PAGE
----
RCN’s MR knowledge transfer includes:

  • Live guidance, which is particularly beneficial for less-experienced technicians
  • Task-supporting holographic assets, advantageous for more-experienced users.

Digital twins / ML for operations and maintenance

Águas do Porto, the water utility serving the second largest city of Portugal, is applying digital twins with ML for water system maintenance and operational improvements. H2Porto is the platform that is enabling integrated management of the coastal community’s urban water cycle. It provides current-state and historical insights from network sensor data and future-state simulations from numerical analysis, helping the utility to prevent asset failures and improve operational performance.

H2Porto leverages digital twin technology from Bentley Systems to deliver integrated digital representations of all water systems of the city to an operational dashboard, where the modeling and simulations are performed (see Figure 4). Predictive analysis of Porto’s water system allows Águas do Porto to forecast future issues such as pipe bursts, valve and pump shut-downs, flooding, and water quality degradation and take appropriate action.

Figure 4. Águas do Porto uses digital twins for water system modeling and predictive analysis.

“The analysis of the network sensors, together with the analysis of the predictive models, helps us to understand the future behavior of our water assets, based on data,” explains Pedro Vieira, IT and innovation director at Águas do Porto. “For example, we have a model where, through an algorithm, it is possible to predict leaks in pipelines based on historical data from operations, weather, and assets. We’re also developing a model that is optimizing field operational teams that deliver water meters.”

Águas do Porto is currently working on enhancing the tools they already have with more sensors and more functionalities. “We want to increase the coverage of our models, starting with wastewater and, later, stormwater,” says Vieira. “At the moment, water network sensors are linked to the models, but our goal is to also integrate sensors associated with customers’ water consumption.”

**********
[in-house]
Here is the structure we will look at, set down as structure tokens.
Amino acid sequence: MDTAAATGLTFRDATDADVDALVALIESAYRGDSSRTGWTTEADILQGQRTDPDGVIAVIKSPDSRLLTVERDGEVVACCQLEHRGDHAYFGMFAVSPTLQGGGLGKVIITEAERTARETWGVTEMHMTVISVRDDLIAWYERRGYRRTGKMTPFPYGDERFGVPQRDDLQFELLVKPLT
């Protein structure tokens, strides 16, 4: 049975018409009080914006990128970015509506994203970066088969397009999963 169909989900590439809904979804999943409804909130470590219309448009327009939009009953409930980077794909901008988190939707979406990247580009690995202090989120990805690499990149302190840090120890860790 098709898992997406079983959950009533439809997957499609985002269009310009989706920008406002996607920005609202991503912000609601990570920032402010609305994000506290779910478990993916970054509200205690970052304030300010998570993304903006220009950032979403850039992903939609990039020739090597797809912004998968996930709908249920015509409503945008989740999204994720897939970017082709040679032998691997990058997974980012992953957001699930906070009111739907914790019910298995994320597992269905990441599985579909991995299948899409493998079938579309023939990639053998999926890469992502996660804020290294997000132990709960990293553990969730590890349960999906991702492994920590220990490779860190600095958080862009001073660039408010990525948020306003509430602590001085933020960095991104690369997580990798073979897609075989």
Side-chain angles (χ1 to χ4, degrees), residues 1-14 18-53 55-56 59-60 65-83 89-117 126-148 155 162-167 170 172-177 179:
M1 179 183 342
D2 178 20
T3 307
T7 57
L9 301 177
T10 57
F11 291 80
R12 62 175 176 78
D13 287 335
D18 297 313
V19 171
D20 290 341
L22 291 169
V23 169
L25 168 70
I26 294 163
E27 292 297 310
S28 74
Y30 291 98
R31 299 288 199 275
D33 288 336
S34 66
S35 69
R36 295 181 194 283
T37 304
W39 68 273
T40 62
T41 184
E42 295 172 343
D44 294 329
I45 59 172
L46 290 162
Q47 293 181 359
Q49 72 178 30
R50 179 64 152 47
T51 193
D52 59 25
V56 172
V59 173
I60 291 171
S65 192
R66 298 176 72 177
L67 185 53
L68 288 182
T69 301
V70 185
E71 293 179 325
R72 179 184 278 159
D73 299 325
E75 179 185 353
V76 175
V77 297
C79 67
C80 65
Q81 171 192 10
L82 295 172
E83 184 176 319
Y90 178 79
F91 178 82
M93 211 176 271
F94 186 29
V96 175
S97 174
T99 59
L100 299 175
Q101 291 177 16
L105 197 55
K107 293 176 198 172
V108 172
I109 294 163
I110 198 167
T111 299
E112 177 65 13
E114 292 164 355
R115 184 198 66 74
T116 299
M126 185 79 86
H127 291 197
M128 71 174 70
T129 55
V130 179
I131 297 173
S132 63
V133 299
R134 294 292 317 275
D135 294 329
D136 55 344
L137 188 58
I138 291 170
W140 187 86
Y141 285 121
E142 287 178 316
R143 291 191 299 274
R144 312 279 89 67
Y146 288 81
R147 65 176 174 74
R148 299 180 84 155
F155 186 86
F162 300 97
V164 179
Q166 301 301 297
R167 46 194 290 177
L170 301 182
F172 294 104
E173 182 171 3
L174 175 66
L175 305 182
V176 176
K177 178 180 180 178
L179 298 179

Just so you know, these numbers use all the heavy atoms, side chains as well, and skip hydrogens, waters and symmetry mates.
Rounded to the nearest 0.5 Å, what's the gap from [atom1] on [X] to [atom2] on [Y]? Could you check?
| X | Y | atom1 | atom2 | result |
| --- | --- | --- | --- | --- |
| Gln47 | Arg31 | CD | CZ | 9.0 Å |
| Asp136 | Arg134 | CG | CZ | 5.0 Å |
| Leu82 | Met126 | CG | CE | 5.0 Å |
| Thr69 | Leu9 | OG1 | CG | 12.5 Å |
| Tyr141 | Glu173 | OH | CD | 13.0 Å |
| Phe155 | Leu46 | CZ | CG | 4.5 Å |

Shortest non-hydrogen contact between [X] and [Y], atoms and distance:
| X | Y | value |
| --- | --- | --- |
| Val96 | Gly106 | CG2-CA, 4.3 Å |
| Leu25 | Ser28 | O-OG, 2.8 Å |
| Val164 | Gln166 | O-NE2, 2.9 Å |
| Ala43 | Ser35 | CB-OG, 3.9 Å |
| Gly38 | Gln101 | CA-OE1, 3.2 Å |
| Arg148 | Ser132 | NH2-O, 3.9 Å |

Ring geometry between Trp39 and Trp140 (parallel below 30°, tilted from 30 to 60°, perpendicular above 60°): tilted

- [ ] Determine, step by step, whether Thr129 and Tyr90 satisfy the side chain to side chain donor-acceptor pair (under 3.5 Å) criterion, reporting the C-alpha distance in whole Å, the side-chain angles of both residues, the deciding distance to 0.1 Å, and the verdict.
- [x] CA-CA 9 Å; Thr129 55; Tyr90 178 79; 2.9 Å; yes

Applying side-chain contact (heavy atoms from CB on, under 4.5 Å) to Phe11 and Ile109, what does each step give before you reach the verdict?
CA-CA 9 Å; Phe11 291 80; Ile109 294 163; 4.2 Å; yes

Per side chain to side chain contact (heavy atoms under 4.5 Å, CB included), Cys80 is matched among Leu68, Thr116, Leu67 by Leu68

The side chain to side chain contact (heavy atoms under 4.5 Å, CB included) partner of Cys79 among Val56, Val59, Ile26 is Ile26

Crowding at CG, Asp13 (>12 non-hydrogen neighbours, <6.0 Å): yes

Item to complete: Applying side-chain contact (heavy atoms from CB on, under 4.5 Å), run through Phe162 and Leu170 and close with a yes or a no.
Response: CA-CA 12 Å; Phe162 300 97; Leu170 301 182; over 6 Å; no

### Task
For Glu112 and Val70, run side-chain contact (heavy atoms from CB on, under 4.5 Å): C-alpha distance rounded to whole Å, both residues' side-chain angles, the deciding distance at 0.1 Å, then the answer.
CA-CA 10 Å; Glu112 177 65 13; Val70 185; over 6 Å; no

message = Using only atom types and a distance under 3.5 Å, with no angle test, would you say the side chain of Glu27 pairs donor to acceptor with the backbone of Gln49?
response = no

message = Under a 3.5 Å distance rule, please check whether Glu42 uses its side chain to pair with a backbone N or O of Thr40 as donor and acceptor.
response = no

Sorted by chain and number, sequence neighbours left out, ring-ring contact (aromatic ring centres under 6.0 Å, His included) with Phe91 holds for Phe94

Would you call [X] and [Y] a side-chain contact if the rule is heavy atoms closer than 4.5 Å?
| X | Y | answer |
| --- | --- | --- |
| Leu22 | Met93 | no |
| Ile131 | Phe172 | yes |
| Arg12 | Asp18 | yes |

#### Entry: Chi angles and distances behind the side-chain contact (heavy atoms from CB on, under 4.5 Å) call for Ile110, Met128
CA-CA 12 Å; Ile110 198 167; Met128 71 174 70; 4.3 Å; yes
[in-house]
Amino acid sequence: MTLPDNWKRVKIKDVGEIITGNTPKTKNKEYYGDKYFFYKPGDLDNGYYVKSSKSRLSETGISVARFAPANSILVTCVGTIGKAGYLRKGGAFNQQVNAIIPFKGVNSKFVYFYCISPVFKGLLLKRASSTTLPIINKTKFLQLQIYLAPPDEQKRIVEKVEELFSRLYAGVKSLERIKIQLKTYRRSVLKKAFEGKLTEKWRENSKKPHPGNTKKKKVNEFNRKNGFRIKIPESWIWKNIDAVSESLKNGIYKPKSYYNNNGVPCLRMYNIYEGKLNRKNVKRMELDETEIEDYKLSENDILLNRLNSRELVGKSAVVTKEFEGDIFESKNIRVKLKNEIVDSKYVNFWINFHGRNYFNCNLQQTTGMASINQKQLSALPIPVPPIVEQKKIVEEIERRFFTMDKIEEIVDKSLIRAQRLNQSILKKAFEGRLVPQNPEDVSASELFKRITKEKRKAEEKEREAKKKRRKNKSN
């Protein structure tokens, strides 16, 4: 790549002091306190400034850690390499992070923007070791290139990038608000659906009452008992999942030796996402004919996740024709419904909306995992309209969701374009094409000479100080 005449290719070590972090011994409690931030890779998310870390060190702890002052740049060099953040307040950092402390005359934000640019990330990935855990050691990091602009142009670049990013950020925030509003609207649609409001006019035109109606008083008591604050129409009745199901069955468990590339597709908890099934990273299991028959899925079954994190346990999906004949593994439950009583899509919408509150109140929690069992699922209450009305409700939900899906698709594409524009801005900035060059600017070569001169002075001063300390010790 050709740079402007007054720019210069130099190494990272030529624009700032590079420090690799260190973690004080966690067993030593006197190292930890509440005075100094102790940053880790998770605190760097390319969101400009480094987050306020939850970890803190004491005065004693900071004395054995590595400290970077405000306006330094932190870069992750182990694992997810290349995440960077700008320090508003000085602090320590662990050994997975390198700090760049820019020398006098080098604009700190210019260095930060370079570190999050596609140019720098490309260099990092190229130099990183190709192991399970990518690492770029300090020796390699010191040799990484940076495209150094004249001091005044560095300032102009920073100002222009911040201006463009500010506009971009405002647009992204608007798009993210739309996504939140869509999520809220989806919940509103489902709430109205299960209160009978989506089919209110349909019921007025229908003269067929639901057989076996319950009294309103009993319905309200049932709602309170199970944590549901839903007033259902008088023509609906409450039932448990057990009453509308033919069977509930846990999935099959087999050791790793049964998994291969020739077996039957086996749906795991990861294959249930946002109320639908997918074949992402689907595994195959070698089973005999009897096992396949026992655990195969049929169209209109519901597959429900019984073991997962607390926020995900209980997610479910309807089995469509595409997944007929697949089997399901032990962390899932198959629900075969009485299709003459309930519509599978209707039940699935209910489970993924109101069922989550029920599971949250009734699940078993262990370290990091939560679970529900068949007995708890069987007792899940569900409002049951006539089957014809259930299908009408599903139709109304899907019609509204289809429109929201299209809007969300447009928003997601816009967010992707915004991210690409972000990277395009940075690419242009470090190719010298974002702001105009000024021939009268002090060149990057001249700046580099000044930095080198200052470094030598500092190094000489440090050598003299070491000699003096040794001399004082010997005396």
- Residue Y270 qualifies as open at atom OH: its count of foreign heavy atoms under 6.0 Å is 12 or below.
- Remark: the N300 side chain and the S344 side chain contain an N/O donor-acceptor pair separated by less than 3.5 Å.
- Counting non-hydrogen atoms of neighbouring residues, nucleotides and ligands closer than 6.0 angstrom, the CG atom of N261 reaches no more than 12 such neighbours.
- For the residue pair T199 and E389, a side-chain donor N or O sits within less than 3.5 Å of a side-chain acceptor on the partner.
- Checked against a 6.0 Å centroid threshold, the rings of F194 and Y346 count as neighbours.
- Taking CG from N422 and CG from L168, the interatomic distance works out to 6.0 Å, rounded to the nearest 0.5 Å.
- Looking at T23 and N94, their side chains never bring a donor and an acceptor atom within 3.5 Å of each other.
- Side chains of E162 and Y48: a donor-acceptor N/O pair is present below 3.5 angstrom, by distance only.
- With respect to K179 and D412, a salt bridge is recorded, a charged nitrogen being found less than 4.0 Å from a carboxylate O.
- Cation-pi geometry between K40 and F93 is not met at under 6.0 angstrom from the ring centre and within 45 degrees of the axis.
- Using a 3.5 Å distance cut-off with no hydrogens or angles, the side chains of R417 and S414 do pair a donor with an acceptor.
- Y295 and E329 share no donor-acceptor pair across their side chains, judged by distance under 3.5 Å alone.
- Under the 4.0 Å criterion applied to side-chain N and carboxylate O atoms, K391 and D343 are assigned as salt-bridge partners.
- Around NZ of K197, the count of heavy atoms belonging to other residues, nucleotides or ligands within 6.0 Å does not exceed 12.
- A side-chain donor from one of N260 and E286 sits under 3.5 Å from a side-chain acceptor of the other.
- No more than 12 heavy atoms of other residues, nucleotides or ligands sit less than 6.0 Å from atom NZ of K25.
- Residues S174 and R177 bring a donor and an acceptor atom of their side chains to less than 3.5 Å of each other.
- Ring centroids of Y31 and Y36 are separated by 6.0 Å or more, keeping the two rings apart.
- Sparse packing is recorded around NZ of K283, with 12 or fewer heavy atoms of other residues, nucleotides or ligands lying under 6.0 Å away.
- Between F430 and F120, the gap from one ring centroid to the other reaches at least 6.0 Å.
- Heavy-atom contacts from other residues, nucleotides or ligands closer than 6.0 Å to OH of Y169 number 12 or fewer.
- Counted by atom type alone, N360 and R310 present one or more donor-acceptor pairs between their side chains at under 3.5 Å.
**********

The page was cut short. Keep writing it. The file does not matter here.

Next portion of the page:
With Águas do Porto’s H2Porto:

  • Water supply interruptions fell 42.9%
  • Volume of non-revenue water dropped by 10.1%
  • Duration of pipe burst repairs improved 6%
  • Number of sewer collapses decreased 14.7%
  • Duration of sewer and service connection repairs improved 44.5%.

Digital twins / ML for predictive maintenance

GE Digital Industrial Managed Services (IMS) uses digital twins and ML models for remote asset monitoring, diagnostics, and proactive maintenance of its customers’ industrial internet of things (IIoT) deployments.

IMS helps companies in industries such as oil and gas, manufacturing, utilities, and aviation avoid unplanned downtime of critical machines using digital twin blueprints for predictive analytics (see Figure 5). It currently has a library of over 300 OEM-agnostic digital twin blueprints.

Figure 5. Digital twins are software representations of assets, components, systems, or processes that are used to enable better industrial outcomes.

“Ultimately, we’re helping customers move from corrective maintenance to predictive maintenance, and to having their strategies defined and optimized in real time,” says Chad Stoecker, global vice president of industrial managed services at GE Digital.

ML models provide early warning of failure. By contrast, reacting to a hard alarm limit may be too late to avoid costly secondary or tertiary effects. “With ML, actions can start when the signals deviate from the model instead of waiting for the hard alarm, giving maintenance organizations more time for more economical planning to mitigate the failure,” Stoecker explains.